The hospitality genius made the remarks in Ibadan on Wednesday during an interactive session with some selected senior correspondents that cover Tourism/Travels.
Whilst she was speaking to the journalists, Sandra stressed that the catalytic role of tourism in the economic development of any nation cannot be t, noting that the tourism industry, indeed, has proven to be a honey pot for countries that have tapped into it adding that Nigeria should not be left out.
She said: “I have said it several times both locally and ha, whenever the opportunity sized itself that Nigeria cannot be left out in tapping into the rich and cherished opportunities the hospitality business is providing for the rest of the world, therefore we must learn to follow the rules in tandem with best international practices to attract positive and desirable results. Some of the rules are safety and security. Customers want to be sure of their safety and security and I think that is not too much to ask for, of eri they must always get value for their money at all times.
“This is a very complex topic, and I plead with you to permit me to give s lucid explanation about it for proper understanding. The truth is that, even when hotels have strong security policies and procedures in place, they are still vulnerable to cyber attacks, break-ins, theft, fraud, and other crimes. That’s why it’s vital to take precautionary measures and continually evaluate security programs. Having robust security in place means a better, safer, guest experience. When department managers and other employees think more about safety and security, the isa can prevent a lot of theft and minimize dangers.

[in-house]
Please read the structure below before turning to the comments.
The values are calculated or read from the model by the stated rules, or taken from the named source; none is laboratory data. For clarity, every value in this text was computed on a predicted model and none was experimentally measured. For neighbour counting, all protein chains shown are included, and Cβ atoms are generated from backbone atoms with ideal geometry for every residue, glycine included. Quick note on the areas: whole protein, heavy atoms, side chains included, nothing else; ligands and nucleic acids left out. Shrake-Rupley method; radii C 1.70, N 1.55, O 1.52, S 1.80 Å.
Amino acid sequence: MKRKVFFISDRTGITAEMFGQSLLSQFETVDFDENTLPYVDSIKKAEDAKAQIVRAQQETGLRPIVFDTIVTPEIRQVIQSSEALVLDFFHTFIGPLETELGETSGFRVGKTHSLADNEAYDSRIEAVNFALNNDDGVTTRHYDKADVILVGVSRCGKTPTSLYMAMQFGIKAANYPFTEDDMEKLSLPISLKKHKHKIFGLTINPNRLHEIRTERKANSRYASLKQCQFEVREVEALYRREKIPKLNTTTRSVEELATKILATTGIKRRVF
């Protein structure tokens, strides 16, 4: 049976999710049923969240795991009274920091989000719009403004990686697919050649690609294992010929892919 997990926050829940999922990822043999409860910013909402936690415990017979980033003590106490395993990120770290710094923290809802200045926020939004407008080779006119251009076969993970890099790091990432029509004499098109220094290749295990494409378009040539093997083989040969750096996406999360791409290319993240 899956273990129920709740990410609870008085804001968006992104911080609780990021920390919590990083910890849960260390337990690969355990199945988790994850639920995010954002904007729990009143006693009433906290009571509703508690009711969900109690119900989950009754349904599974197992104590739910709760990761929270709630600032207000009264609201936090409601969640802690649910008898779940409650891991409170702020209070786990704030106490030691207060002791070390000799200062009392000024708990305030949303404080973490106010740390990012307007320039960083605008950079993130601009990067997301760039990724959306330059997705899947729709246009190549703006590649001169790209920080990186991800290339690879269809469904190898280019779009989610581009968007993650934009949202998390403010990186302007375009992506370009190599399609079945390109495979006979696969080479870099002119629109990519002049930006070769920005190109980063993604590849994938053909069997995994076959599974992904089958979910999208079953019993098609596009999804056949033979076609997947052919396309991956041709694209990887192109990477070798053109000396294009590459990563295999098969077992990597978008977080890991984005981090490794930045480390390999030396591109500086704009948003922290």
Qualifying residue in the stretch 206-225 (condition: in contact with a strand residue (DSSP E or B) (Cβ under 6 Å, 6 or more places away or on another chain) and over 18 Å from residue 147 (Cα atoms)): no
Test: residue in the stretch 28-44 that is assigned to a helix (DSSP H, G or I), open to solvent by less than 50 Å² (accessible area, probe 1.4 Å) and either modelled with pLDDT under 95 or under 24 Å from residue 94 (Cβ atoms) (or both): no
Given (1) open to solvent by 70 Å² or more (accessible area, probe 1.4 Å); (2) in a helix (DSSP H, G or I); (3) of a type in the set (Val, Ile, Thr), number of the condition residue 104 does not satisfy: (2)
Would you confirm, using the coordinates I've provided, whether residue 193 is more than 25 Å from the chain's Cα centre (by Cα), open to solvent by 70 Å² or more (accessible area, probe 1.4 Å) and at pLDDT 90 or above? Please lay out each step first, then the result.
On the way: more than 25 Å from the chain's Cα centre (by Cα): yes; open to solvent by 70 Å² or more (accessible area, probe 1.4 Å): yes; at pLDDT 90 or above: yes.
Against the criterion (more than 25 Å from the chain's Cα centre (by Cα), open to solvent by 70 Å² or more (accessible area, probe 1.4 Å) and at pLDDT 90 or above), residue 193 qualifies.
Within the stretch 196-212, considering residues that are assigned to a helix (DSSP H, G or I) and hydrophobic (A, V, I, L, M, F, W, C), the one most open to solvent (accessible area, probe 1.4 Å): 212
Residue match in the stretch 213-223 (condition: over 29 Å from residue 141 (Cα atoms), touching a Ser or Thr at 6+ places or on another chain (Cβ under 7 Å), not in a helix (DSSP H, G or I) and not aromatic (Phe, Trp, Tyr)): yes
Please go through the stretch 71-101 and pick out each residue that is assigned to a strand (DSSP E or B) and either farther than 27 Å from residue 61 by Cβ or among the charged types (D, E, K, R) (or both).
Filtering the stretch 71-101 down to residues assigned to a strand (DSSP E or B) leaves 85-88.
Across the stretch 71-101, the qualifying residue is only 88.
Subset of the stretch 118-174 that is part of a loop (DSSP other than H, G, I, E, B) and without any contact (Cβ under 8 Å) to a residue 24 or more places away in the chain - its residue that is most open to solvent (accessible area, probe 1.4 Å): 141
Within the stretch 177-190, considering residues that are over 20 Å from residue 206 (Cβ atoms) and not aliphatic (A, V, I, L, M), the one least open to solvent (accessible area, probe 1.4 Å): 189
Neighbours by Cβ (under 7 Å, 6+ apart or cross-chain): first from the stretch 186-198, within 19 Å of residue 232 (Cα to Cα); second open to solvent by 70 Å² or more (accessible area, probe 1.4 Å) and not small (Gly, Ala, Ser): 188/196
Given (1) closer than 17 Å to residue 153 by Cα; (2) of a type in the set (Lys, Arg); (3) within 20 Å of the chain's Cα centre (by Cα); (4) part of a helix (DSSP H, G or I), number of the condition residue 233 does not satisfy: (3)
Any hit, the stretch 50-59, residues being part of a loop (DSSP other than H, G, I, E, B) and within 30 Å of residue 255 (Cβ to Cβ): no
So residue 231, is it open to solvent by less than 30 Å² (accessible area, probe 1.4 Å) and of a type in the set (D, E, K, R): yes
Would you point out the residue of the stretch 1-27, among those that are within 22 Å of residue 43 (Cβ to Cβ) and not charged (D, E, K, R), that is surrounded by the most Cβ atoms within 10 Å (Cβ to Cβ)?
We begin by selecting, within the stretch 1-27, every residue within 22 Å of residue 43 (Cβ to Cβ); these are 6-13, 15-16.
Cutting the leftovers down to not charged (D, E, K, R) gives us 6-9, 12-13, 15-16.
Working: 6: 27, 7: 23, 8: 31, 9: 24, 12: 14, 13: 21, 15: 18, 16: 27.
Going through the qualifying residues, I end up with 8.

“Inadequate security has repercussions beyond guests losing belongings to theft. Hotels can be held liable for the criminal acts of third parties. Meanwhile, civil litigation against property owners and managers has become commonplace, therefore every investor must try to mitigate this scourge and must be sincere and intentional about it.
“zed of ecosystem the safety of their guests, ensuring return stays and a good reputation. When guests m, our res, they’re likely more concerned about making a meeting or going sightseeing. Security shouldn’t be on their minds during, or after, their visit. For example, locks that can track who goes in and out of rooms can serve as a deterrent to theft. When employees realize there’s an audit process on door security, it makes rooms less prone to theft. Other upgrades include automatic deadbolts, which can better prevent external threats from thieves, or intruders, these are systems that eliminate the need for master keys.” Sandra said.
Speaking further, Sandra who is seeverynaGeneral Manager,f eBON Hotels Nest Bodija-Ibadan, Oyo Statedthey; “Every proactive and serious-minded business person Hotel to make time for safety meetings. Perhaps as part of a regular meeting, schedule time to talk about guest safety. Part of this time could also be spent watching training videos, such as those produced by safety or security experts specifically for hotels. These videos, accompanied by handouts, are a low-cost way to share information about guest safety and can train employees about how to spot suspicioustionalownersve. Also, activities can be monitored with software. Having closed-circuit television to monitor the property doesn’t matter too much if no one is looking at the monitors. Recent innovations in software have solved that problem. Coupled with software, video cameras can now recognize activity in an area and provide an alert. Onear;e can alert when there is n owitwarmangulip in a parking area. Other options include using a third party to monitor the exterior of the hotel. Some of these systems have voice command capability, where operators can see and warn off people captured on surveillance.”